So far, eight Republican governors have decided to split with their party and accept federal funding for Medicaid expansion in their states. Today, Sean Parnell announced that he won’t be joining them — at least for now.
On Thursday, Parnell said that he will not ask legislators to put any money toward broadening the health program and opening it up to more low-income Alaskans. His concern is that the federal government could end up reneging on promised funds, given the current fiscal climate in Washington.
“So if we expand the Medicaid population and the federal government fails to keep its financial commitment, the state would likely have to backfill forward-lost federal dollars to cover beneficiaries of the expansion and to protect the health coverage of everyone currently in the program,” said Parnell.
Parnell plans to revisit the prospect of Medicaid expansion in December, when he rolls out his annual budget proposal.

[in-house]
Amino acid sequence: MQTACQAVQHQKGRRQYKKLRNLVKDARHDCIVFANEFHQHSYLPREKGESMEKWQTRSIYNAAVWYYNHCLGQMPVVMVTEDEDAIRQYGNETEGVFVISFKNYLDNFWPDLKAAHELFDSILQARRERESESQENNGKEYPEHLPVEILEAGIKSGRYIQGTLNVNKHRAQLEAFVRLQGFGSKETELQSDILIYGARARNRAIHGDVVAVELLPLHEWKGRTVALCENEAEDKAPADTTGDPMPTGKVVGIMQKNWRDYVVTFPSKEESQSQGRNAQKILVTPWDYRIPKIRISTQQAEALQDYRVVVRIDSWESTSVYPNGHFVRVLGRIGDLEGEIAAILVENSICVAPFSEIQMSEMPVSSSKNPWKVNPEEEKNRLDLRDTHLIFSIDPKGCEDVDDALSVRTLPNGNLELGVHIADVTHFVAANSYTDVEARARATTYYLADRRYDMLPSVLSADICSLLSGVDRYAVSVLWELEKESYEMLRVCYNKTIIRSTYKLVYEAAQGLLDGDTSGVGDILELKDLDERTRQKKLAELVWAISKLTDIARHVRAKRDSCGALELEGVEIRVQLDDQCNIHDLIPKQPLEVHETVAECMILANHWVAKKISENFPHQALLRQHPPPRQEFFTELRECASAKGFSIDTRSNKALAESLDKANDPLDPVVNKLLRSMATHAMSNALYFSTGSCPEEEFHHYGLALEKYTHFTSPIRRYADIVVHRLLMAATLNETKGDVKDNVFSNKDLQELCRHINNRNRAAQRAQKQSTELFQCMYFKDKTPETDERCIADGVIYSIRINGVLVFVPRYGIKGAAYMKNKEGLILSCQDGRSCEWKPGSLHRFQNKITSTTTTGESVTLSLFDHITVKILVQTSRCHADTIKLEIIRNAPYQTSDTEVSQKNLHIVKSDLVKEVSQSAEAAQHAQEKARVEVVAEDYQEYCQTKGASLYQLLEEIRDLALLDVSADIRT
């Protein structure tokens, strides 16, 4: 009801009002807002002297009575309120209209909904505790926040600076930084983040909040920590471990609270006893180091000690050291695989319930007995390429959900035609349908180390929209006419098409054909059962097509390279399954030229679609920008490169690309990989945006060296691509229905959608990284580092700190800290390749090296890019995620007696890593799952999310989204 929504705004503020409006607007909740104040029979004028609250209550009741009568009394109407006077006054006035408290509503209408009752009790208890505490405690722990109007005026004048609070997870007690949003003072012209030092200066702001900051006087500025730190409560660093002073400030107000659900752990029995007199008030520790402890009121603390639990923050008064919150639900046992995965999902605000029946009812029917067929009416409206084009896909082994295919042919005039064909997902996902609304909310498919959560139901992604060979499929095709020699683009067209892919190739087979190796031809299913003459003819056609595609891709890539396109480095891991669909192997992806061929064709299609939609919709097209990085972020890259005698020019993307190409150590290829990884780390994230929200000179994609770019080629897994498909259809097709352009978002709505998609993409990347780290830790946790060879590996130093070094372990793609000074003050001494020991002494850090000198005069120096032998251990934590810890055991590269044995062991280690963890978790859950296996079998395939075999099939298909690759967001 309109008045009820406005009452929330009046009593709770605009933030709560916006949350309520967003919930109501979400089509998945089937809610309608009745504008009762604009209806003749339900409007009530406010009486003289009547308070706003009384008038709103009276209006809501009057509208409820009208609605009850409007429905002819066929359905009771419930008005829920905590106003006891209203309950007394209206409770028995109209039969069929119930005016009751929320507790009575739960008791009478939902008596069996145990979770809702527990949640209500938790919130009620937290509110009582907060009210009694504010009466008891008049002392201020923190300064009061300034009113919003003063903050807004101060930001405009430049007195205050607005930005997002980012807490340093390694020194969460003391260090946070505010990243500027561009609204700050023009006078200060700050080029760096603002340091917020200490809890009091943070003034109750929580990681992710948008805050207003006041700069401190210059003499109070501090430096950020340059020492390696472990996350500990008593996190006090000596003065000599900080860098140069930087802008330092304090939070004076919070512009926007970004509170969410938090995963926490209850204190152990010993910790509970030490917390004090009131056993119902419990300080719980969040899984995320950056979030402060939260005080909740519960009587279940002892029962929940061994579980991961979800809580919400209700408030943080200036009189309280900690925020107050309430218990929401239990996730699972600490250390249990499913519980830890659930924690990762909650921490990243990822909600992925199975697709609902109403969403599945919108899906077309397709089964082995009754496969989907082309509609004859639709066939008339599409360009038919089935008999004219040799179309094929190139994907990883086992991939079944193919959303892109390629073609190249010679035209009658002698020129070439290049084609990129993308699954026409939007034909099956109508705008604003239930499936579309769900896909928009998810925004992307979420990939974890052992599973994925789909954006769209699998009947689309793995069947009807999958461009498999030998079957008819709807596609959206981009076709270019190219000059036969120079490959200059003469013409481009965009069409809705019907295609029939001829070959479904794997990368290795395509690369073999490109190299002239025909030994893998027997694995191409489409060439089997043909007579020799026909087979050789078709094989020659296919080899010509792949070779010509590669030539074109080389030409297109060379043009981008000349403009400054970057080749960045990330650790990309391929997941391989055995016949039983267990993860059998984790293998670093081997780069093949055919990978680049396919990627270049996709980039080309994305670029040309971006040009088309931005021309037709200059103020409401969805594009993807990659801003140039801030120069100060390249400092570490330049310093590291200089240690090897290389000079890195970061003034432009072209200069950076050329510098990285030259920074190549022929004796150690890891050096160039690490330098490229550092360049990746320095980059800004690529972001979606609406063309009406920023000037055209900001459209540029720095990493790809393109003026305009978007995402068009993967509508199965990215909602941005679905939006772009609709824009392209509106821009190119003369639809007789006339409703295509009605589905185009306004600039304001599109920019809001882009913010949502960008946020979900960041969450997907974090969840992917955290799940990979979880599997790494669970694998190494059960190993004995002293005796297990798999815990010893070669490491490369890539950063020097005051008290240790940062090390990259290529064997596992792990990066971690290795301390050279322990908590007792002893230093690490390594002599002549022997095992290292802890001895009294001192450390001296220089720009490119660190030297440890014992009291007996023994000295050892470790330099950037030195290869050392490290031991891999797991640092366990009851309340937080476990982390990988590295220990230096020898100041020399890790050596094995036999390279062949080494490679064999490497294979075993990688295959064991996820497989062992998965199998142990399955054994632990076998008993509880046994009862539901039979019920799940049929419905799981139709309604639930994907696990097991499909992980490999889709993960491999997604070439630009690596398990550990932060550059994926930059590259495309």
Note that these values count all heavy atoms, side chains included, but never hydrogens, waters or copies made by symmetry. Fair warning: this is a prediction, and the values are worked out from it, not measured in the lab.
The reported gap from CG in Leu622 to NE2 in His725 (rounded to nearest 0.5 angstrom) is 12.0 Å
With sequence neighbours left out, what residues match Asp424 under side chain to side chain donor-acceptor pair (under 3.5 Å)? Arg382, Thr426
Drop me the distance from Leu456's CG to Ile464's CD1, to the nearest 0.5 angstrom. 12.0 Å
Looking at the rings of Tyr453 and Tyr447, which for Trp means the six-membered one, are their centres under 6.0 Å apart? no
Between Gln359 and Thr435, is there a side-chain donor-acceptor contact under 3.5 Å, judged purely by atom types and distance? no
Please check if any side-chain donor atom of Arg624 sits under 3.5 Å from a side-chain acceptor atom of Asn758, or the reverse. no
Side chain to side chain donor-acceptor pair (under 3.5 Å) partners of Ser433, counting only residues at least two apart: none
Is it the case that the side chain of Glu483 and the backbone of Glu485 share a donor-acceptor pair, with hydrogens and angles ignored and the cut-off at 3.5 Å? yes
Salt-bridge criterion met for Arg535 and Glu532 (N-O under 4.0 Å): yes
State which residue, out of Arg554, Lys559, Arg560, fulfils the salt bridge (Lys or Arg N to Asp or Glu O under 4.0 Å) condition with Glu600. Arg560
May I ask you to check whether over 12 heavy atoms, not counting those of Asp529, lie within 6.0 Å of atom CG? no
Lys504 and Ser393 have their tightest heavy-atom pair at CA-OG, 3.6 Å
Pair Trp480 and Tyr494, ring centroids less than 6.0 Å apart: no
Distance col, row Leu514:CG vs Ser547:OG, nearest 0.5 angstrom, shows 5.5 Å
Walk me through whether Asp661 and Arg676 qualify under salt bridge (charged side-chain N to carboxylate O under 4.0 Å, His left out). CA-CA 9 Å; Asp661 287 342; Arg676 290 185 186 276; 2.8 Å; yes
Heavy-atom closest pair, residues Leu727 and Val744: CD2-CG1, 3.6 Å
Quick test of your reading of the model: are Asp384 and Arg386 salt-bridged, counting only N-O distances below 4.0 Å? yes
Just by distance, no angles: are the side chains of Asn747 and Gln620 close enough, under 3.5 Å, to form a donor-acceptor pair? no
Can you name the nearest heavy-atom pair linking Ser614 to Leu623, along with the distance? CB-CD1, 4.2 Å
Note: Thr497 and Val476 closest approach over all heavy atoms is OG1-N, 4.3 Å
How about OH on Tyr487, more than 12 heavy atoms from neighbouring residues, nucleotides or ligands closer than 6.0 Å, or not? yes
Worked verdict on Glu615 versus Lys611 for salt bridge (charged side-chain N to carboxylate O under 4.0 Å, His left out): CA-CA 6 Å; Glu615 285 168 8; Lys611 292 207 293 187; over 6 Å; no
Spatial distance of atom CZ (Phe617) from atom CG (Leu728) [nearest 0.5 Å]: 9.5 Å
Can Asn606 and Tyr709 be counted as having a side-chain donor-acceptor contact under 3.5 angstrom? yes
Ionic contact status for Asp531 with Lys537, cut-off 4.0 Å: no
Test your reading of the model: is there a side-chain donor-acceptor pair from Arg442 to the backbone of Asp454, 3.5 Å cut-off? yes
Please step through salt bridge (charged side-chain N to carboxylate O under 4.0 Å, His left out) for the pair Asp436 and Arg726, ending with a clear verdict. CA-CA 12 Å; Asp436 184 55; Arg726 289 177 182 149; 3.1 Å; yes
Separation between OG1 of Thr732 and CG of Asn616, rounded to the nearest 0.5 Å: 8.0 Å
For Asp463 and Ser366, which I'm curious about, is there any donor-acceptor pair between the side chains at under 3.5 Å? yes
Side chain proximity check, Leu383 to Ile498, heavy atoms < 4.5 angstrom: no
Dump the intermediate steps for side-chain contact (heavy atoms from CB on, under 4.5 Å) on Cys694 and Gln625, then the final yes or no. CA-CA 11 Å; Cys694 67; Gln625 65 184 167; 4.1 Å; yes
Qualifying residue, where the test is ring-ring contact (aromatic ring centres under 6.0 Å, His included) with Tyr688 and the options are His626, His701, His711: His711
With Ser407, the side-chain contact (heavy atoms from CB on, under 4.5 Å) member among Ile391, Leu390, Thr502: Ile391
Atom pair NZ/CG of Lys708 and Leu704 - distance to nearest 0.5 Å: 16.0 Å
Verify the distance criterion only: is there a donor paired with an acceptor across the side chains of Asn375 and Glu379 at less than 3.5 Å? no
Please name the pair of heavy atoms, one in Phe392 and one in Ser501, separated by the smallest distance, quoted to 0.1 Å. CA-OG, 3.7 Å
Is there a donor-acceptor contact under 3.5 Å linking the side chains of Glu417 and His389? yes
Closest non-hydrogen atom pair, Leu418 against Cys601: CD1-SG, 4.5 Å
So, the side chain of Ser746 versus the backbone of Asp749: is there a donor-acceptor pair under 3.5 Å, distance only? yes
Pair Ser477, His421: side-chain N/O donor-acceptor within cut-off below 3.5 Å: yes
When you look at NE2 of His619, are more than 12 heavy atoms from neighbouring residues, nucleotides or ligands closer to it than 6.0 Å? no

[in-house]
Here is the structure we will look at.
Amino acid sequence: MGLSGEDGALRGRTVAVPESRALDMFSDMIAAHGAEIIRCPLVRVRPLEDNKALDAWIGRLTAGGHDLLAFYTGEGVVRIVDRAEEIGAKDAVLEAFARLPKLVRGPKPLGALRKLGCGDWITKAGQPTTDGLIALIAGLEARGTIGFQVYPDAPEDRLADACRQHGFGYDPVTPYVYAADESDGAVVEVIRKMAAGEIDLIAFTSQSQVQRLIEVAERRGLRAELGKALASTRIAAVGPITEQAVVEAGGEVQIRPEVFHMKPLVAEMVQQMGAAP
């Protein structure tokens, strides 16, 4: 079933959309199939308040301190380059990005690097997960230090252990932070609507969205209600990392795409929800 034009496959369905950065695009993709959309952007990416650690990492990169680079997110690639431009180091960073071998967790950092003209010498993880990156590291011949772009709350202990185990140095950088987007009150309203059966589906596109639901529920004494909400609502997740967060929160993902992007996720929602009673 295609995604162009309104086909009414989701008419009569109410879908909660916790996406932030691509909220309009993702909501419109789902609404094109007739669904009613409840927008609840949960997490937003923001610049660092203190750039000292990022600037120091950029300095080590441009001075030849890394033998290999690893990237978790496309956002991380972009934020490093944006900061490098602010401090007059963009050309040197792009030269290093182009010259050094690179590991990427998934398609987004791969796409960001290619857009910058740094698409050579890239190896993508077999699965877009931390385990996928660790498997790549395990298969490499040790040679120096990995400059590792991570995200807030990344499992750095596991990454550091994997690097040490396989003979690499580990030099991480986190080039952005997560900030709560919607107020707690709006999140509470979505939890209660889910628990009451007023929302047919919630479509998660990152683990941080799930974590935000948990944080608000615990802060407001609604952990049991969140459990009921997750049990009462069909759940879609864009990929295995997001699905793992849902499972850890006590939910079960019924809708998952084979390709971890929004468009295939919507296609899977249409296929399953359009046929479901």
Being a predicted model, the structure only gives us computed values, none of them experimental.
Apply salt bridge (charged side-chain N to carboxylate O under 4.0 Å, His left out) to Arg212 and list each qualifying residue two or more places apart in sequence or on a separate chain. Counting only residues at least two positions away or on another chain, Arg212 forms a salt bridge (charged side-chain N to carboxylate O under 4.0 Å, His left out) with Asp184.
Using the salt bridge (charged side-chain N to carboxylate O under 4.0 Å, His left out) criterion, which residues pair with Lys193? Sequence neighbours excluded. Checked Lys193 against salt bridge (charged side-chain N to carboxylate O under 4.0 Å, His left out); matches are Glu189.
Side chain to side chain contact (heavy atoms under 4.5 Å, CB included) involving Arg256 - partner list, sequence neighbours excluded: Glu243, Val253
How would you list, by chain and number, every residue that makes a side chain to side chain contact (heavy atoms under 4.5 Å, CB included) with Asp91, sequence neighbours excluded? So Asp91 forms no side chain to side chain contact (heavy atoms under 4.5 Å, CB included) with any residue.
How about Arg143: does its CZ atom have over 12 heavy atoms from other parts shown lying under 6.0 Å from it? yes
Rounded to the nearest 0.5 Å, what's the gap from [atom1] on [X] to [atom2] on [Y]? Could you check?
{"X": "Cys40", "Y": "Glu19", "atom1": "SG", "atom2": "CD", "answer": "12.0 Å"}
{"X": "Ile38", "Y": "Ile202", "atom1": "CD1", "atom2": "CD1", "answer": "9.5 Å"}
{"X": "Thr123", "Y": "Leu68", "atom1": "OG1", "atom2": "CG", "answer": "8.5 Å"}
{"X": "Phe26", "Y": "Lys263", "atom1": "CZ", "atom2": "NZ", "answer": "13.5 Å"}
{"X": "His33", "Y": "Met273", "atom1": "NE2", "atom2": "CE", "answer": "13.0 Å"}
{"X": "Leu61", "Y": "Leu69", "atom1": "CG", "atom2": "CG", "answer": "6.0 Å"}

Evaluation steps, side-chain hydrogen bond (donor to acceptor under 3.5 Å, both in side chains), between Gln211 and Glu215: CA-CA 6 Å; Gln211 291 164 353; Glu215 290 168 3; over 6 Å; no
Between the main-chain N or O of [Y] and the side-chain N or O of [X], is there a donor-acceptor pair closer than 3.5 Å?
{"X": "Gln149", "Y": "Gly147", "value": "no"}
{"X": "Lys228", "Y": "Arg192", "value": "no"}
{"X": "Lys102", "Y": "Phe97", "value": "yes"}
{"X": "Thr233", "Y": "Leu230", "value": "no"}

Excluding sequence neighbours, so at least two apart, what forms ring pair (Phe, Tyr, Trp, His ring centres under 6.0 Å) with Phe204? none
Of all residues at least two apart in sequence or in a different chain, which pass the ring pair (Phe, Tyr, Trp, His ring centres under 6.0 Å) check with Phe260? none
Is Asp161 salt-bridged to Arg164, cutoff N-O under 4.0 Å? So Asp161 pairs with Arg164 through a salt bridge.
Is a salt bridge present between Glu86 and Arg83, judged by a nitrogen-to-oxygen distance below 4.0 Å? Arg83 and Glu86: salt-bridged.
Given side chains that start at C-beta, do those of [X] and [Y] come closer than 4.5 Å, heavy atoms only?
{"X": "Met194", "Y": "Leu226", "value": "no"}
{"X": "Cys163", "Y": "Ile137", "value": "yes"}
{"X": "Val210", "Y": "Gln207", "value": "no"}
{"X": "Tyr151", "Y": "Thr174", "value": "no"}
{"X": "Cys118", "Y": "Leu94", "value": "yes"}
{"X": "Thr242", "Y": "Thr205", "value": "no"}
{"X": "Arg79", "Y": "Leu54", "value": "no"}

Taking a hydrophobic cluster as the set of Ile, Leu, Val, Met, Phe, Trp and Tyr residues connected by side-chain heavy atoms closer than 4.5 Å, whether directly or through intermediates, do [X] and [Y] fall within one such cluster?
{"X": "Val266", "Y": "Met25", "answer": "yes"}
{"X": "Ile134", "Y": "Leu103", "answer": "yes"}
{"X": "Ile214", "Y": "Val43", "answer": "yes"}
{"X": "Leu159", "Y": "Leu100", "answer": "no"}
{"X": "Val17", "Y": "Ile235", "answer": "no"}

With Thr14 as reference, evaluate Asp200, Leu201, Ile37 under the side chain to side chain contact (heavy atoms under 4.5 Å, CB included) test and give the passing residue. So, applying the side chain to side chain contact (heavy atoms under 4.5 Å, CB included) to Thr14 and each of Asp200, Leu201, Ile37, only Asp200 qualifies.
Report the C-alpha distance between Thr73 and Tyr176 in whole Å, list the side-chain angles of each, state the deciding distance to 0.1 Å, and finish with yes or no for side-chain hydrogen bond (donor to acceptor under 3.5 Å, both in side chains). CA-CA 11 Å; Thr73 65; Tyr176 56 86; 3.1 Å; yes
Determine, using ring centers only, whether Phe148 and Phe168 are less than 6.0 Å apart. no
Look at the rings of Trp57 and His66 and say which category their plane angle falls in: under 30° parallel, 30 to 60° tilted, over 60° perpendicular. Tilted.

If Medicaid were expanded in the state, it’s projected that it would extend coverage to 40,000 Alaskans. Under a provision of the Affordable Care Act, the federal government will cover the full cost of growing the program for the first three years. After that, the state share would gradually go up to 10 percent.
Because the federal government will start offering extra money for Medicaid expansion in January, putting off a decision on the program means that Alaska will be opting out of that funding for the first six months that it is available.
- Roughly 6,000 state workers were unable to log in to their computers, affecting two in five executive branch workers.
- The totem pole is an icon of the Pacific Northwest. The carved art form showcases clan stories and family crests in museums around the world. After more than 30 years in the Anchorage Museum, a century-old pole from Southeast has made it back to Sitka, where curators are prepping a permanent home.
- One of the Sealaska regional Native corporation’s longest-serving leaders is stepping down. Rosita Worl says she will not run for another term after 30 years on the board.
- President Donald Trump’s budget outline calls for eliminating funding for the National Endowment for the Arts. The NEA has been a frequent target of Republicans, but U.S. Sen. Lisa Murkowski supports the endowment, and Tuesday she won the 2017 Congressional Arts Leadership Award.